Democratizing AI (Part I) - How to ensure human autonomy over our computational “screens, scenes, and unseens.”

by Richard Whitt, Senior Fellow

Digital assistants such as Alexa and Siri and Google Assistant can be quite helpful — but their actual allegiance is to Amazon and Apple and Google, not to the ordinary people who use them. By introducing AI-based digital agents that truly represent and advocate for us as individuals, rather than corporate or government institutions, we can make the Web a more trustworthy and accountable place.

In the 2004 film “I Robot,” Will Smith’s character, the enigmatic Detective Del Spooner, harbors an animosity toward the humanoid-like robots operating in his society. Over the course of the film we learn why. While Spooner once was driving his car on a rainy street, a crash sent his vehicle and another careening into a torrential river. A rescue robot was deployed to pull Spooner and his car to safety, but Spooner implored it to instead retrieve a young girl still alive in the other car.

The rescue robot doesn’t listen. It turns out this artificial intelligence was programmed to rescue humans with the best chances of survival — and since Spooner’s odds were deemed better (45 percent to 11 percent), he was the one chosen to be saved. The 12-year-old girl perishes. As Spooner bitterly put it later, “Eleven percent is more than enough. Human being would have known that.”

Parts of “I, Robot” remain sci-fi lore, like AI first responders with physical bodies. But the ubiquity of AI is no longer fiction. Today, artificial intelligence powers search engines, social media platforms, smart speakers, drones, and much more. The ethical conundra presented in “I, Robot” no longer are fiction, either: AI algorithms now do everything from curating journalism, to diagnosing our health, to determining who gets a loan, or a job, or parole. Think of these AIs as incredibly advanced, and hugely impactful, selection engines.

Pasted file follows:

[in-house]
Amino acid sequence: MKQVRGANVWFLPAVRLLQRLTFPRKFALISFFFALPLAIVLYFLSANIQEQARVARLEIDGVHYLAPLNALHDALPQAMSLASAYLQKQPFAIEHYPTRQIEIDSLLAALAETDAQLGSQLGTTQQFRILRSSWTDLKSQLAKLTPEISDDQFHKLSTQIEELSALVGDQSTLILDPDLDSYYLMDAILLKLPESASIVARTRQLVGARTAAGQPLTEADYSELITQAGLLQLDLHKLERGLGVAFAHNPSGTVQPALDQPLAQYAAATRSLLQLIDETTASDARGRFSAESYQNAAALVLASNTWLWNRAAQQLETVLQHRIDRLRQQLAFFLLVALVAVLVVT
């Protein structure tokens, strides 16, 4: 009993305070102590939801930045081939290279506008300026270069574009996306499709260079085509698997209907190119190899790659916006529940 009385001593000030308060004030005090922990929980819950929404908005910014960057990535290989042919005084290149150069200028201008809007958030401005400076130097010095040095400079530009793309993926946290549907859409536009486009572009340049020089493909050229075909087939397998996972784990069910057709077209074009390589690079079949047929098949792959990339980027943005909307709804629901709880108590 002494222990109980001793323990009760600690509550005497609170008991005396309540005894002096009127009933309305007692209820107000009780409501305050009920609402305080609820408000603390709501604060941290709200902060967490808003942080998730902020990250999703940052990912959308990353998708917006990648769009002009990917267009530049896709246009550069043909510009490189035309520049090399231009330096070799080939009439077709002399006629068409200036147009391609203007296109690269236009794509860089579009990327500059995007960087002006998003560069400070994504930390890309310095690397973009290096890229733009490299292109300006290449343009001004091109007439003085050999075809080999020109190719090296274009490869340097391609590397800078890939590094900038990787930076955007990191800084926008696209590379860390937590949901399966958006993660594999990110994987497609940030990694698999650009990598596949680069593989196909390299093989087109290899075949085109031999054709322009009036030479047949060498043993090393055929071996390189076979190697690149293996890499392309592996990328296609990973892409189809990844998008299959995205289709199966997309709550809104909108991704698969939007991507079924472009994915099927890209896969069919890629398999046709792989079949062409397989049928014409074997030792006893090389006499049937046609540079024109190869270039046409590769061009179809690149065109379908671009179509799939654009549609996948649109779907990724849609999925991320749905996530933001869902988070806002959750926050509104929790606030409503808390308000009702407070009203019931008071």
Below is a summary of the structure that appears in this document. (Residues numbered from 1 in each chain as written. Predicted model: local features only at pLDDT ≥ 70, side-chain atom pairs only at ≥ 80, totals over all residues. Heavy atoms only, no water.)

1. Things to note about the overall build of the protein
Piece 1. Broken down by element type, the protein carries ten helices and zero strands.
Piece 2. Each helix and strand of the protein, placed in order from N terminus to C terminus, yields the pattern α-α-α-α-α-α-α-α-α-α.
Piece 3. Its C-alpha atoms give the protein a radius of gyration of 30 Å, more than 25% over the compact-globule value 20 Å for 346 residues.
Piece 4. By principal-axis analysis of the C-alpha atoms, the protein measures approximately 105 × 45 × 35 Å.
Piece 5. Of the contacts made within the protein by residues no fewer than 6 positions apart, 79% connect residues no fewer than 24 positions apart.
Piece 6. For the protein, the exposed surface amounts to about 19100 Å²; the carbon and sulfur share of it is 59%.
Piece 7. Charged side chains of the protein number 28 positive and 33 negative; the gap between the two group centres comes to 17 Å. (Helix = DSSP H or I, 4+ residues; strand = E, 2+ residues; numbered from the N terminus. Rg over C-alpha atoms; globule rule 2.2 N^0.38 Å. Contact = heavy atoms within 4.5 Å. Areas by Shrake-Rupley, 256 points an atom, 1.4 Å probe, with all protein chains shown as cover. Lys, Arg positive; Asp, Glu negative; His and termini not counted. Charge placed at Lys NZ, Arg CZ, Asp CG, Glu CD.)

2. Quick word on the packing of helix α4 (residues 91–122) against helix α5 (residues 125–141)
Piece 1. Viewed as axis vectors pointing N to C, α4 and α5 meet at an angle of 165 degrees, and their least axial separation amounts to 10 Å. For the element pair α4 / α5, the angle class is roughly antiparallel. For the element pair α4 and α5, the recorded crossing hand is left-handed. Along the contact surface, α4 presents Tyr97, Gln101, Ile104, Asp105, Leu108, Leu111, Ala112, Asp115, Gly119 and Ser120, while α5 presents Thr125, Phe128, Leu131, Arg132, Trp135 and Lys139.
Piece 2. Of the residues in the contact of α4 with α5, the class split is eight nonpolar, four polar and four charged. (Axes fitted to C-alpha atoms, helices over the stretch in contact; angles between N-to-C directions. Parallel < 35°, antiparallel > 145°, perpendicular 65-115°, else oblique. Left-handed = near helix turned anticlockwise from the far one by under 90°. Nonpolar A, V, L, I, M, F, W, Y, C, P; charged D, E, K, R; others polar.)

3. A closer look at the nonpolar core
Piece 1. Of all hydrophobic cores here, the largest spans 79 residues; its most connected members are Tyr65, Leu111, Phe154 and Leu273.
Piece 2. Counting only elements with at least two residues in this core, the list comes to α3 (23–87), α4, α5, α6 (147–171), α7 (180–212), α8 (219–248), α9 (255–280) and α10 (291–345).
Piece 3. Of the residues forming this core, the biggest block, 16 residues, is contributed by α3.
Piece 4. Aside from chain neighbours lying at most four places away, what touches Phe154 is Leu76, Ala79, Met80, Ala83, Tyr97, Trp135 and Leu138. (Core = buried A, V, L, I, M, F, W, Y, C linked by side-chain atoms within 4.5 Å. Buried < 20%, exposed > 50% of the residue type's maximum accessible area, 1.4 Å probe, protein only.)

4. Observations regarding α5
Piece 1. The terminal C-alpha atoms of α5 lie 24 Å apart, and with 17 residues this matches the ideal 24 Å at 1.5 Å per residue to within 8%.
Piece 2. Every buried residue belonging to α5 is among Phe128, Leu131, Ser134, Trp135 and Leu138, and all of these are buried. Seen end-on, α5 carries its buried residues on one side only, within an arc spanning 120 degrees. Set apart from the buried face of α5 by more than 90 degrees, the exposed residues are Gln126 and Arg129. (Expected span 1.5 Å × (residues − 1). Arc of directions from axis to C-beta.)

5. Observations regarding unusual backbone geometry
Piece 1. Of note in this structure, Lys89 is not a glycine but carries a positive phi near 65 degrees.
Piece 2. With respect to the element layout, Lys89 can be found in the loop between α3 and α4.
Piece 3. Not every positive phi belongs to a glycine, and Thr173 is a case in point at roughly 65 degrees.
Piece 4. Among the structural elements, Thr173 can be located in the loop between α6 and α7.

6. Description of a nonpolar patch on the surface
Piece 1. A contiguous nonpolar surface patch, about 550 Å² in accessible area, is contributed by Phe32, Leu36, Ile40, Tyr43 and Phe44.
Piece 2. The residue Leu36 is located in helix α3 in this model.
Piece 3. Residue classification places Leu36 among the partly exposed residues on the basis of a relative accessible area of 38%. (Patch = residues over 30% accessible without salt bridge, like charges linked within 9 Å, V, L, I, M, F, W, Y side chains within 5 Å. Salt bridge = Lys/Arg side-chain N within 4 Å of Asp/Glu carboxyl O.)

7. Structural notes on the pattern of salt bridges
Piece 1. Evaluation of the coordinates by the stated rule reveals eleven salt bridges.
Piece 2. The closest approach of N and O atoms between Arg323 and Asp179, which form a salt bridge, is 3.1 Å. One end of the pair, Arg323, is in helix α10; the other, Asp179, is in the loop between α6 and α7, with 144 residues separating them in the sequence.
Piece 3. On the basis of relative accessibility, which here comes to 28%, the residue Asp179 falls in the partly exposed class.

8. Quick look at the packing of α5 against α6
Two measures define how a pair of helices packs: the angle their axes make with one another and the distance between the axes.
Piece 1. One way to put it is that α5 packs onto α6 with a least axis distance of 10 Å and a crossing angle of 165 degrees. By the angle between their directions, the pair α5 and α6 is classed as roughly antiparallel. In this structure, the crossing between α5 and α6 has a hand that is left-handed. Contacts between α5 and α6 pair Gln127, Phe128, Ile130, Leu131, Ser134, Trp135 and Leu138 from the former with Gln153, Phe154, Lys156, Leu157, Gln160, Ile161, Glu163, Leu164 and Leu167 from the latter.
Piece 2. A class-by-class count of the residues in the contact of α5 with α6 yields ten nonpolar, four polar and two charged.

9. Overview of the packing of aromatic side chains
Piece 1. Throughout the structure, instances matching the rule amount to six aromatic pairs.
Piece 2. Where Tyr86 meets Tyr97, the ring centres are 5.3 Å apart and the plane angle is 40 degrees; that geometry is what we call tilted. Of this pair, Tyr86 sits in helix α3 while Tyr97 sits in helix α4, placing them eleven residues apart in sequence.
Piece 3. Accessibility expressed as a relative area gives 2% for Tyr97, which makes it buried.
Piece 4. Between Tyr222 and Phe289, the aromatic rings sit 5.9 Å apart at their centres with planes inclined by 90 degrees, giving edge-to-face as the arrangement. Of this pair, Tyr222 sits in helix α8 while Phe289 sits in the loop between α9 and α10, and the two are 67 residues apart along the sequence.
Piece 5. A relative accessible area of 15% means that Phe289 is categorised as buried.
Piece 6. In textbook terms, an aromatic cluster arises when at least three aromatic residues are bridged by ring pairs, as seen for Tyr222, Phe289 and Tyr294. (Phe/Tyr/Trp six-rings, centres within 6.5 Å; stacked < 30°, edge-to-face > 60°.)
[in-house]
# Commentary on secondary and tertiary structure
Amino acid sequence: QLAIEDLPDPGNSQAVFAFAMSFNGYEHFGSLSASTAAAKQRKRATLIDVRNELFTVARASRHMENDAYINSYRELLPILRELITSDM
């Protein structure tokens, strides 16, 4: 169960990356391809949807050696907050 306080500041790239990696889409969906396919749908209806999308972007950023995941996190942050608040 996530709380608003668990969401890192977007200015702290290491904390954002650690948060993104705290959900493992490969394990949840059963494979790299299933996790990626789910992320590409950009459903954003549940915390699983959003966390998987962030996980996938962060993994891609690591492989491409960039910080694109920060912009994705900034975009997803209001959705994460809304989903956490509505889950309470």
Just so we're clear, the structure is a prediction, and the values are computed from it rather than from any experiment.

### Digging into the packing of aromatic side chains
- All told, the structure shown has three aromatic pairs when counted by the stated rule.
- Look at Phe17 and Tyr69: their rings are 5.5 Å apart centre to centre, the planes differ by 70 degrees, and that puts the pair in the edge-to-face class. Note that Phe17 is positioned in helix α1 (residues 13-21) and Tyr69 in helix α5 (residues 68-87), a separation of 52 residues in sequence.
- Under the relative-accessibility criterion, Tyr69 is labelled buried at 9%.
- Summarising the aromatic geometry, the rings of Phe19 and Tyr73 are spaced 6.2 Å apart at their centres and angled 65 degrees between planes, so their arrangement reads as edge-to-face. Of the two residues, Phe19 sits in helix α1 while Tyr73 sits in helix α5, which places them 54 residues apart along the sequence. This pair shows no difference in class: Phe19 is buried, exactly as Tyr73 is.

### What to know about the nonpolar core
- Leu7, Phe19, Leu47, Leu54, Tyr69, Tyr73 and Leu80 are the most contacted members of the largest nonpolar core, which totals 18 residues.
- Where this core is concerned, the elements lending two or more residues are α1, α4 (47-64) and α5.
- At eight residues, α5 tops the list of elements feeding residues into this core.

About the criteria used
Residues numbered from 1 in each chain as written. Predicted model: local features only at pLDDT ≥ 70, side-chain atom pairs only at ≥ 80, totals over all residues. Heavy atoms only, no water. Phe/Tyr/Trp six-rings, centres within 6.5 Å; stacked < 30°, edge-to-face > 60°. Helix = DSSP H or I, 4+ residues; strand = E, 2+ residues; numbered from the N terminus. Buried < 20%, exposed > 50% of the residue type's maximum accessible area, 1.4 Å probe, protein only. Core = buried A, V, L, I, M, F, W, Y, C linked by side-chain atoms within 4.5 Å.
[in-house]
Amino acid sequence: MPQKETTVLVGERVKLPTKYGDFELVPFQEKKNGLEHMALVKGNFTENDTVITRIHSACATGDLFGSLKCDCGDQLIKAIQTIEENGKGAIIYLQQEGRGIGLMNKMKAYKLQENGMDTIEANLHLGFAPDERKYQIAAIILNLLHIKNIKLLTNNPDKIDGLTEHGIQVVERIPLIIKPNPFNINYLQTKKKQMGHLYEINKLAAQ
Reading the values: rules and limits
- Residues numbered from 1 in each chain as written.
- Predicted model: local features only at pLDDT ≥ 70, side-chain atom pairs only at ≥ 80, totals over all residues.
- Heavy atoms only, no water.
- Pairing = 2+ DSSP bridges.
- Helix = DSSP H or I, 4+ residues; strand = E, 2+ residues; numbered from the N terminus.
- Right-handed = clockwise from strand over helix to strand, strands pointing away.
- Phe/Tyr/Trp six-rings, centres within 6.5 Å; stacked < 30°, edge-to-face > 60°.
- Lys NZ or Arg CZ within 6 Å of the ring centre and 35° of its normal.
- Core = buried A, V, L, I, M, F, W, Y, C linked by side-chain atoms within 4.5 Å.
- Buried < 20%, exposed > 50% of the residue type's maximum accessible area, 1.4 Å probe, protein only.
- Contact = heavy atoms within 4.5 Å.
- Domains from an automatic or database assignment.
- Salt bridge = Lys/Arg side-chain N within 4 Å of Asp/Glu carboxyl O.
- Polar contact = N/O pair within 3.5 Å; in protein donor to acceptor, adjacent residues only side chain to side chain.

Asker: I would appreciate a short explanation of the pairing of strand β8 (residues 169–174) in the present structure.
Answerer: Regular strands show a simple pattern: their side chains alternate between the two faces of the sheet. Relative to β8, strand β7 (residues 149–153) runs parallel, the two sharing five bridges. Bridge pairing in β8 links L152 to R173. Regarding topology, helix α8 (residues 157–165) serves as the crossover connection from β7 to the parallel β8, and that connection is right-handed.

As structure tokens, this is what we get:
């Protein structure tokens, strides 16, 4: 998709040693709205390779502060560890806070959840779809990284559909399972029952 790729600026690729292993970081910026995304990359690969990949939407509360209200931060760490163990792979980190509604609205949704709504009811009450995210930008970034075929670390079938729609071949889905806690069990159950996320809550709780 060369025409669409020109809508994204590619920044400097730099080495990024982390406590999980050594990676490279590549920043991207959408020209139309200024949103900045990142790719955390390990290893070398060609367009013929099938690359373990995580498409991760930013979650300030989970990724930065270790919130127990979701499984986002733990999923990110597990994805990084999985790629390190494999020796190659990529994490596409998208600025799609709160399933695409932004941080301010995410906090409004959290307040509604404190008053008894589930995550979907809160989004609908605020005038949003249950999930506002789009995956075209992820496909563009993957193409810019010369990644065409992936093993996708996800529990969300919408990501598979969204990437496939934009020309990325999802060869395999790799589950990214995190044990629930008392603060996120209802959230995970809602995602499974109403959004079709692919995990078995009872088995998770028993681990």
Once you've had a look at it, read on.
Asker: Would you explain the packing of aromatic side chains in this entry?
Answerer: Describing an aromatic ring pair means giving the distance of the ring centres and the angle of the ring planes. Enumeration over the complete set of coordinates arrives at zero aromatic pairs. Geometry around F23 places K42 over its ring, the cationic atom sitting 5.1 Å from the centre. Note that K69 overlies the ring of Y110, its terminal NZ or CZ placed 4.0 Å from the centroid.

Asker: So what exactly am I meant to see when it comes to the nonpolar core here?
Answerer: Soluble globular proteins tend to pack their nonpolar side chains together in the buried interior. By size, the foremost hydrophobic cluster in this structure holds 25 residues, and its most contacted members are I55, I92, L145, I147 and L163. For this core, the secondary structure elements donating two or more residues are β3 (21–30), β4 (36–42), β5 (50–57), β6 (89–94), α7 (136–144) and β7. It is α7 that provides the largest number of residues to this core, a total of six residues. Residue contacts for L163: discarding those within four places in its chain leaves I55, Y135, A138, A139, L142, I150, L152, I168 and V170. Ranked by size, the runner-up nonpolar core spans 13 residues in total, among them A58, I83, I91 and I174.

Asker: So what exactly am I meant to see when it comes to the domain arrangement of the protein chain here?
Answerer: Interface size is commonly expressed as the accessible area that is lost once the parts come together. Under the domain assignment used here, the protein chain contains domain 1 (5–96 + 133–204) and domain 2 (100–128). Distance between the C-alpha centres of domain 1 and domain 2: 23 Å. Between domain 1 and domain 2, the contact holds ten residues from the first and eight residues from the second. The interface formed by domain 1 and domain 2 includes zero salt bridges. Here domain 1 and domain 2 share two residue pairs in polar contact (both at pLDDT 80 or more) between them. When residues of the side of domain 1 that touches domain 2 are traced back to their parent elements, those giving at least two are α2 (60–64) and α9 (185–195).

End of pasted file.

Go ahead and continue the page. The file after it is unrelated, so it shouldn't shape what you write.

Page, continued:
Ceding any kind of human decision-making to machines is ethically complex territory. This is especially the case when the machines are proverbial “black boxes,” allowing little transparency into the ways they are programmed. Who gets to decide who designs and builds the algorithms, and what data they’re trained with, are deep questions without easy answers. And today, there’s a complication making this complex realm even more problematic: The AIs embedded in and shaping our everyday lives typically are beholden to the priorities and control of large institutions — not to the “end user.”

Device-embedded AIs like Alexa and Siri can be useful, and even delightful. They’re impressive feats of engineering, too. But it’s important to recognize that their real allegiance is to Amazon and Google, not the individual person. As a result, the tech giants of Silicon Valley and elsewhere have their virtual agents perched in our living rooms, and embedded within our phones and laptops, constantly vying for our attention, our data, and our money.

We already can see the consequences of this dynamic, from privacy breaches to technology addiction to the spread of misinformation. As AIs become more advanced, and make more decisions for us and about us, what will these problems look like on a larger scale? And is there a way to prevent them?

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